Frank Olive, Menomonee, Mich., member of G. A. R. Post No. 266, was born at Van Keck Hill, Province of Ontario, April 3,1840, and is the son of Antonie and Esther (Couqjura) Olive. His father was born in France, emigrated at an early age to Canada and, in latter life, was mail messenger between the Provinces and States. He was a soldier in the war of 1812 and enlisted under the name of Antonie Rubroir, the latter being the paternal name of his mother. The family removed to Watertown, Jefferson Co., New York, where the son grew to manhood. He came to Wisconsin in 1960 and operated as a painter at Oconto. He enlisted October 8, 1861, at Oconto, in Company F, 12th Wisconsin Infantry for three years and received honorable discharge in 1863. From the date of his enlistment, Mr. Olive experienced the varieties of camp life at Madison, joining the forces on their way to the front, marching under stress of weather, eating frozen rations or without food, sleeping on the ground with the mercury 20 degrees below zero without protection, and finally reaching Leavenworth, Kansas, in the middle of February to be assigned to the "Southwest Expedition" and to marched a long distance to Fort Scott. The plan being abandoned, more marching was in order and the l2th went to Lawrence, Kansas, and thence to Fort Riley, expecting to be sent to New Mexico. Another change was made and the command went to Leavenworth. The programme of movement was continued and the regiment went to St. Louis and events again changed the route of the command. The rebels bad destroyed a railroad in their retreat from Columbus and the regiment was sent to its repair, and also to tend to the guerrillas. In June, Mr. Olive when to Humboldt, Tenn., and guarded railroad and watched and hunted guerrillas until October. Thence he went to Bolivar, next to Pocahontas and back to LaGrange, to Lumpkin's Mills, Holly Springs, Yocona Creek and Sprindale Station. In April, he was in a Coldwater River, where the regiment was on special duty and afterwards, to Memphis. May he proceeded to take part in the operations against Vicksburg, crossed the peninsula, skirmished all the way and fought in the left wing under General Crocker during the siege. At the date of the surrender Mr. 0live was sick with fever and ague, but he went to Jackson to find his command, and was met by his commanding officer who inquired how he got there knowing him to be unfit for the journey. He was violently in after it, being delirious unconscious until September, when he was send to Memphis. He was so ill that his comrades were summoned several times to see him die. At Memphis he was exempted from duty in December, veteranized and received veteran's furlough, which was extended to 43 days. In May he returned to the army, marching 300 miles to connect with the Army of the Tennessee near Snake Gap, Ga., and he was in the several actions known as Kennesaw Mountain." He was in the fight at Lookout and Snake Gap and moved with the command to Atlanta. The service performed by the 12th in the action of the day on which McPherson was killed, saved the Federal army from defeat and they remained in the trenches there a month. In the action of the 22nd of July, Mr. Olive was in the thickest of the fight where the rebels and Federals were often commingled and could not distinguish friends from foes. His clothes were cut to pieces by bullets and his canteen and haversack ruined. He was in the movement back to Nashville to the assistance of Thomas but was just too late to be in the fight. Mr.0live went with his command to Savannah skirmish along the line of movement and was in the action at Fort McAllister. Thence he proceeded through the Carolinas, going to Beaufort, S. C. by sea and went to Bentonville and later to Goldsboro, joining in the pursuit of Johnston to the surrender. He participated in the Grand Review at Washington, where he was mustered out of service.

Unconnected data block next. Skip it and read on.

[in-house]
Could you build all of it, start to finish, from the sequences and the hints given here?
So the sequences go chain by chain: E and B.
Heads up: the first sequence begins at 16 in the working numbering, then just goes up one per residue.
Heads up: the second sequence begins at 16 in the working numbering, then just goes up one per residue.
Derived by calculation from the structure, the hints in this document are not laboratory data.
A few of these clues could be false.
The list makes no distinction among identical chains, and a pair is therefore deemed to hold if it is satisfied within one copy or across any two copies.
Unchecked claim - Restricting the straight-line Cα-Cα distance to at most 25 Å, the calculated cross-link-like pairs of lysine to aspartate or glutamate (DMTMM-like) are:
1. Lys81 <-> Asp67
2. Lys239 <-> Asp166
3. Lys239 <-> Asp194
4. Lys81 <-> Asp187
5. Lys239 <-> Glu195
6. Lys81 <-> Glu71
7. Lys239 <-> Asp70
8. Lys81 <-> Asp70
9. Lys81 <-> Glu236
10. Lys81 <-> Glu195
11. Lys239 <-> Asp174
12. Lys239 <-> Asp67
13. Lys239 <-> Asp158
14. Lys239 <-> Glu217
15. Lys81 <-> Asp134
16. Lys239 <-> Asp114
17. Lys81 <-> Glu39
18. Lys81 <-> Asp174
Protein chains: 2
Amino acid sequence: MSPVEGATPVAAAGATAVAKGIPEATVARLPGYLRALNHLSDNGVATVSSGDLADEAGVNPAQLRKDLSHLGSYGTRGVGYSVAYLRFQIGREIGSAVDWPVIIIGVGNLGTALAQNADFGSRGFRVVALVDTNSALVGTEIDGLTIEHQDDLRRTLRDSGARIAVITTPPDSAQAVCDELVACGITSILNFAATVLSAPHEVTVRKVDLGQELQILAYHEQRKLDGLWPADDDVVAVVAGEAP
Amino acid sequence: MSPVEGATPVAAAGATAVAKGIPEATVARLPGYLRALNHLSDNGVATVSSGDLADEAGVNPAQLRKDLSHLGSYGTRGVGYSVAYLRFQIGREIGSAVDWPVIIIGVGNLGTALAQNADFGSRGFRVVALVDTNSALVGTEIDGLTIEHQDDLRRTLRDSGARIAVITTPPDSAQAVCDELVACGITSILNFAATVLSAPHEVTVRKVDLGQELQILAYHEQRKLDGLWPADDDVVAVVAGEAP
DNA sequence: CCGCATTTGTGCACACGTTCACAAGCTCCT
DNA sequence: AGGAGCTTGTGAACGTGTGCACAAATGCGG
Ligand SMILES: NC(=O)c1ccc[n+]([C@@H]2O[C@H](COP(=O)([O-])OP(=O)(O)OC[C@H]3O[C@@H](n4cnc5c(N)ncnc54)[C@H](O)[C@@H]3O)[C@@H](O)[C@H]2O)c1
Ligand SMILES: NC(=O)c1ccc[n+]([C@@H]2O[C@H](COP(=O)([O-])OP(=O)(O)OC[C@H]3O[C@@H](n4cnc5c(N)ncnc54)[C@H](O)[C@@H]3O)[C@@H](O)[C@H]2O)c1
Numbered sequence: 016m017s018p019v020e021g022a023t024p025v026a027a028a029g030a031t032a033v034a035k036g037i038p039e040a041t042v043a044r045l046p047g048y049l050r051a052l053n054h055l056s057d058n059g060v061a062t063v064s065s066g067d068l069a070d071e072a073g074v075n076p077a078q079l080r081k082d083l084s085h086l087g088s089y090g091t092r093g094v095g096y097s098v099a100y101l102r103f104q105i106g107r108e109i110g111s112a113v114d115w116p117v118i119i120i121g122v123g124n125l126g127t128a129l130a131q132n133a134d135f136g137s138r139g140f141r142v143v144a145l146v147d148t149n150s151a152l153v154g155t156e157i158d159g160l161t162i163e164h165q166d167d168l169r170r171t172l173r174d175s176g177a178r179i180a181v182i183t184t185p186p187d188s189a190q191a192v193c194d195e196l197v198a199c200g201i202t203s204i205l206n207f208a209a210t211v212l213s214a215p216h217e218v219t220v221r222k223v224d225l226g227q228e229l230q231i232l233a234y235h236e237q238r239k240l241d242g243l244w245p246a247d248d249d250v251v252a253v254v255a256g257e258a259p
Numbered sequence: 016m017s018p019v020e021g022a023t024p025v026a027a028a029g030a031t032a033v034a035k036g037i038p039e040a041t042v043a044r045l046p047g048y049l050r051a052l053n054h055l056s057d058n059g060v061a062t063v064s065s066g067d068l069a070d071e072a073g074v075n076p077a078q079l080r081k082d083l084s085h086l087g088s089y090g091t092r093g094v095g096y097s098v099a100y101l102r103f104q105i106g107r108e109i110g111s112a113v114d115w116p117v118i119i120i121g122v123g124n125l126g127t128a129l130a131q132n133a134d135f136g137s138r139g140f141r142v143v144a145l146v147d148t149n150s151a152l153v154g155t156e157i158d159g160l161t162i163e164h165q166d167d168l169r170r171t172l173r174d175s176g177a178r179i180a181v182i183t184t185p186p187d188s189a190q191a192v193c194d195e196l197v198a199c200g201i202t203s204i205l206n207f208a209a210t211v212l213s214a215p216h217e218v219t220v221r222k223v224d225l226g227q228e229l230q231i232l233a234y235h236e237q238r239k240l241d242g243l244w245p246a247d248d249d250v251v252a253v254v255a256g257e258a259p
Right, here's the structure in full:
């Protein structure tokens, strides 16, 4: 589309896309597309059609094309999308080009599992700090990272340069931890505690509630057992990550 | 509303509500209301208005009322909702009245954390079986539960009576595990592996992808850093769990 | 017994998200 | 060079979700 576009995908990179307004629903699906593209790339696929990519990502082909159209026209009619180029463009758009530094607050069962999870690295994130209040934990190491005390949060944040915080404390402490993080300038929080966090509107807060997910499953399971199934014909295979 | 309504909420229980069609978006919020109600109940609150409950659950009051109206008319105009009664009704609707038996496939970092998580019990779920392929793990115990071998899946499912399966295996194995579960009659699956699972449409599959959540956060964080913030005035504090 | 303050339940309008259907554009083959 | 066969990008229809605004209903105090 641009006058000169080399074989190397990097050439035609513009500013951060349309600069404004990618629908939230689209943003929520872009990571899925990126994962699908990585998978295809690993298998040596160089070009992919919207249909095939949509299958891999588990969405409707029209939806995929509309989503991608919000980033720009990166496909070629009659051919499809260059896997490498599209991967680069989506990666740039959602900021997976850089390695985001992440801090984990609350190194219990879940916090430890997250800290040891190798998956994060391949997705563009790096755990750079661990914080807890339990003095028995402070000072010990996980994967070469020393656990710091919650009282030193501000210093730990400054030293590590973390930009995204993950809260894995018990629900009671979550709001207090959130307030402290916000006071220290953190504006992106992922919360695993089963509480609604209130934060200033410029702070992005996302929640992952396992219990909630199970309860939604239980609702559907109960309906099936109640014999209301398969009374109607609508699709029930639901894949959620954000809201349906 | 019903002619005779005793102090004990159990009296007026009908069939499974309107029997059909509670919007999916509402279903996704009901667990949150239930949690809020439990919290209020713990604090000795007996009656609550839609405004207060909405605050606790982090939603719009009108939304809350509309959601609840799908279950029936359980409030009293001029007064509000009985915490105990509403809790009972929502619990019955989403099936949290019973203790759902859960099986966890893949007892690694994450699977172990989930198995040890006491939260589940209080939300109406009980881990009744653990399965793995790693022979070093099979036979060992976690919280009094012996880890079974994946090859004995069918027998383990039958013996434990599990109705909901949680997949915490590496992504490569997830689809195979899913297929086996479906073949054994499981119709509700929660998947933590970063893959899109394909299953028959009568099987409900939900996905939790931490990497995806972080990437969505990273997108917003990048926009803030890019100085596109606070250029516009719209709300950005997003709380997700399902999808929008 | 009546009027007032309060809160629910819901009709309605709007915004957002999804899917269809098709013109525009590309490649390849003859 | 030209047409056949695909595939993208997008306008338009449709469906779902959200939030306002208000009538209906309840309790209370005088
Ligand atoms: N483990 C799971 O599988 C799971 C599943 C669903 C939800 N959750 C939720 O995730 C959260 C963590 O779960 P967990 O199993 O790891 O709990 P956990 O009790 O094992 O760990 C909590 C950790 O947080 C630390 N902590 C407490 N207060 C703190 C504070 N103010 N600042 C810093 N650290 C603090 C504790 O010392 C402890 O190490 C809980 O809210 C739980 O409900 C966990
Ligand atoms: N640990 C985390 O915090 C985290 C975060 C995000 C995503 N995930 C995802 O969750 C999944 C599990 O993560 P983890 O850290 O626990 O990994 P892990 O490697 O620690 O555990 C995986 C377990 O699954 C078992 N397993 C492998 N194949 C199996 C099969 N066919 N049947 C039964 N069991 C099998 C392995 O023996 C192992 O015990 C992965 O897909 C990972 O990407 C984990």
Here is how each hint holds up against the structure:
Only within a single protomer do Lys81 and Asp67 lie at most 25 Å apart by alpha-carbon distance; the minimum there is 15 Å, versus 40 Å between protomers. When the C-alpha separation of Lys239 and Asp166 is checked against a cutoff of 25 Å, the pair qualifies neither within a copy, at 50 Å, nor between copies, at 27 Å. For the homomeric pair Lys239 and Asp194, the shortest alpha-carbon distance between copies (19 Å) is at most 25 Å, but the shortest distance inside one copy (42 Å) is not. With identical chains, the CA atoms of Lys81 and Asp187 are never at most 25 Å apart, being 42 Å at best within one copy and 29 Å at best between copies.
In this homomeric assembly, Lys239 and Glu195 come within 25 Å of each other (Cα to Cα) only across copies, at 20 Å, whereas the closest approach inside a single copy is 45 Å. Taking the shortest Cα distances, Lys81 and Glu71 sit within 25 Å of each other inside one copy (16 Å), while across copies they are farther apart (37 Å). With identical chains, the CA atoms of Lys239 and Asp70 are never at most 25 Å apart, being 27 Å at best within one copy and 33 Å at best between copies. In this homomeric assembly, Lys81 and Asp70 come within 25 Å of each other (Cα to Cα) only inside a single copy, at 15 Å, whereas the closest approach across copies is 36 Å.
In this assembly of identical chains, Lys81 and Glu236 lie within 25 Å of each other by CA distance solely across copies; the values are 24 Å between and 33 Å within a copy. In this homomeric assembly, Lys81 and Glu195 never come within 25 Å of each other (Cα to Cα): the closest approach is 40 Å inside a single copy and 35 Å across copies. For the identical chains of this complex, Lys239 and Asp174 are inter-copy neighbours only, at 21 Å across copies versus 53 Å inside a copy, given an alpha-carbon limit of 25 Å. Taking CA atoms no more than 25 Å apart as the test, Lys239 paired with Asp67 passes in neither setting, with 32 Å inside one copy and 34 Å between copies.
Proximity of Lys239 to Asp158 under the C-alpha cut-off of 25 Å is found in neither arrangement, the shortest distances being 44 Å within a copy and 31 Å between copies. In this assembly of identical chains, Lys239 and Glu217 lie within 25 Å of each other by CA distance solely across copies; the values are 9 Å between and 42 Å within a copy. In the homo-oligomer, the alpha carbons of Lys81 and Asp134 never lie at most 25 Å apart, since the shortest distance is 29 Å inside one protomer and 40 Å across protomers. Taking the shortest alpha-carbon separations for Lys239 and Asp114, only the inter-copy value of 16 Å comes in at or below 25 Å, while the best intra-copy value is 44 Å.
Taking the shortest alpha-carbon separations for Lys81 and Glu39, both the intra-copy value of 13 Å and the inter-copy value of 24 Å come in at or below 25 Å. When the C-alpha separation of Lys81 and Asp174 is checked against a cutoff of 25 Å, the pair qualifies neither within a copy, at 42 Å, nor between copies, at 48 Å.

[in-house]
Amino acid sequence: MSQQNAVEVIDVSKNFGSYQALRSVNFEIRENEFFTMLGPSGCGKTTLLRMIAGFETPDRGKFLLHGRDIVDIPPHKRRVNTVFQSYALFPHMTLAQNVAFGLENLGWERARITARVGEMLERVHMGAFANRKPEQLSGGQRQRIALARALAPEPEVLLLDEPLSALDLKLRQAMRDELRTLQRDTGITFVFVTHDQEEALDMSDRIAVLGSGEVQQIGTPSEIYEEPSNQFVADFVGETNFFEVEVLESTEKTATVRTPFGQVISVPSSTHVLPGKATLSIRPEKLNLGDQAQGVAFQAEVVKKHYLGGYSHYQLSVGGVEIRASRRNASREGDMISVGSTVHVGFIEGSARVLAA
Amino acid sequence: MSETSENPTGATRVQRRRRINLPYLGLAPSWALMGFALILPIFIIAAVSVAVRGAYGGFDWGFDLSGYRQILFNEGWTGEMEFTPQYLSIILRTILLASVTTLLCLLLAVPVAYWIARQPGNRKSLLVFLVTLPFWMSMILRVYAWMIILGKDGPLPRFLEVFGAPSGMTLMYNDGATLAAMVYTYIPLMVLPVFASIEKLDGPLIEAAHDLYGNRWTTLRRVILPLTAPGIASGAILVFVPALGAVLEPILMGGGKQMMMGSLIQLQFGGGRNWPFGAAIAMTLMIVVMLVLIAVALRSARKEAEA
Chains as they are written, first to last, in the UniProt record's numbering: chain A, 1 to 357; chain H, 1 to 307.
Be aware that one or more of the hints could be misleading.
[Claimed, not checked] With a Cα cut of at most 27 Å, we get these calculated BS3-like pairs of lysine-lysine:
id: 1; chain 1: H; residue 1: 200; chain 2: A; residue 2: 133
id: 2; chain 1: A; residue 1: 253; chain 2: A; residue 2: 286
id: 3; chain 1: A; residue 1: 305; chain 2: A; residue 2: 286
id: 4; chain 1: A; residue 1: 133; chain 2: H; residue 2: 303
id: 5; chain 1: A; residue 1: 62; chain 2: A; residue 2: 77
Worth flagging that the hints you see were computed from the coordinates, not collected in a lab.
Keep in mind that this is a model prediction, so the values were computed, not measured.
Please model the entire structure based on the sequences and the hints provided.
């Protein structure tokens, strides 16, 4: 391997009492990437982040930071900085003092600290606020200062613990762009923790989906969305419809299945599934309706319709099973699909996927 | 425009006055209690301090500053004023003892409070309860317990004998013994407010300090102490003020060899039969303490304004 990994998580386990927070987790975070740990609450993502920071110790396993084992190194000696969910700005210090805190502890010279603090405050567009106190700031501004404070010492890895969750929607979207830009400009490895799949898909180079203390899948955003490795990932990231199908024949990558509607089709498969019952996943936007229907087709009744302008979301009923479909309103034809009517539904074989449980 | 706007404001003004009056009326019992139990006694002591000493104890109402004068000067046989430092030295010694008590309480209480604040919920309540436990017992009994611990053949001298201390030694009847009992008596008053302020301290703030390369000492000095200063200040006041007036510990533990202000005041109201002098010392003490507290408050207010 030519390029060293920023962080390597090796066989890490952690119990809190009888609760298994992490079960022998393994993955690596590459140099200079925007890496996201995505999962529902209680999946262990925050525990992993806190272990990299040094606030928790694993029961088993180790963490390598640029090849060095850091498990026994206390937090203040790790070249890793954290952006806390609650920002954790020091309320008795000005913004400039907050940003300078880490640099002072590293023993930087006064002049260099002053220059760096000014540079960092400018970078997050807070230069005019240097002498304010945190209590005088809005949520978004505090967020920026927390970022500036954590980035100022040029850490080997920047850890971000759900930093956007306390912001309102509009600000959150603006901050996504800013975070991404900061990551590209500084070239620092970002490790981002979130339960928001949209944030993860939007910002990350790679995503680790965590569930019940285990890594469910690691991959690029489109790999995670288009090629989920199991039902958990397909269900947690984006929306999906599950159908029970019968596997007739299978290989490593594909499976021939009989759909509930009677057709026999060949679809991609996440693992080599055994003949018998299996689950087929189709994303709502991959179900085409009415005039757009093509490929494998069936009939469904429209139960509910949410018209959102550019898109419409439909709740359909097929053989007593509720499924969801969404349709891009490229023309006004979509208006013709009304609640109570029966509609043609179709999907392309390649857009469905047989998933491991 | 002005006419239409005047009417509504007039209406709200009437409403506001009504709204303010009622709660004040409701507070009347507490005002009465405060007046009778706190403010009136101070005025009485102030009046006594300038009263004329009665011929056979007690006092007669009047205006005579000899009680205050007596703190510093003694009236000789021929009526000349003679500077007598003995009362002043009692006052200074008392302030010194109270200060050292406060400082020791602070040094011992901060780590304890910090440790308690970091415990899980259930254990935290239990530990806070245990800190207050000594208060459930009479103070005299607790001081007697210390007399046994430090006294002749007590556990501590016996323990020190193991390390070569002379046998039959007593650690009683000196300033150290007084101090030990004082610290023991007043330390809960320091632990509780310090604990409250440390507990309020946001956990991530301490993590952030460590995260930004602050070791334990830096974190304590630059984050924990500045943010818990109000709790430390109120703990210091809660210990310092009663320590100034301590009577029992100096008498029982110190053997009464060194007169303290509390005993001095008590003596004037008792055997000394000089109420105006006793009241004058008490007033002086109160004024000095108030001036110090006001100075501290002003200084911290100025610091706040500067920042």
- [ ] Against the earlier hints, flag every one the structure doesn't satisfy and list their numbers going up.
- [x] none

He returned to Oconto and engaged as a carpenter. He went, soon after, to Peshtigo where he remained until 1871 and passed with his family through the horrors of the fire. All the possessions of his family were lost and with his wife and three children, on the night of October 8th, he remained in the Peshtigo River. One of the little ones was a babe and died afterwards. Mr. Olive states that the terrors and, suffering he endured in the fire ranked those of the war by all odds. From Peshtigo, Mr. Olive went to Green Bay, destitute of everything, blinded and expecting to lose his sight permanently from burns and exposure to the glaring light of the fire. Captain Reynolds of Company A, 12th Wisconsin infantry, saw and recognized him as a soldier of his former command, took him in charge and took care of him as he required, like a man and a soldier of the Union he went to Symco, Waupaca county, where he remained with his brother until he was well and then he went to Marinette for a short stay. In 1872 he went to Menomonee and five years later he returned to the scene of his former troubles - at Peshtigo. Two and a half years later he made a final return to Menomonee. He is employed by the Luddington, Wells & Van Schaick Lumber Company for whom he has served nine years, (1888). Two of his brothers fought ln the war. Michael was in the 12th and Joseph was a member of New York Heavy Artillery. He was a boiler inspector and was killed by the explosion of a boiler he was examining.
Sept. 12, 1865, the marriage of Mr. Olive and Amelia Grandau took place and their children are Frank J. William Henry, Mary, Lizzie, Edward, John D., Robert and Lillie May, as mentioned. Mrs. Oliver is of French origin and is born in Canada. David Plush, a brother-in-law of Mr. Olive, was killed in front of Atlanta, in 1864.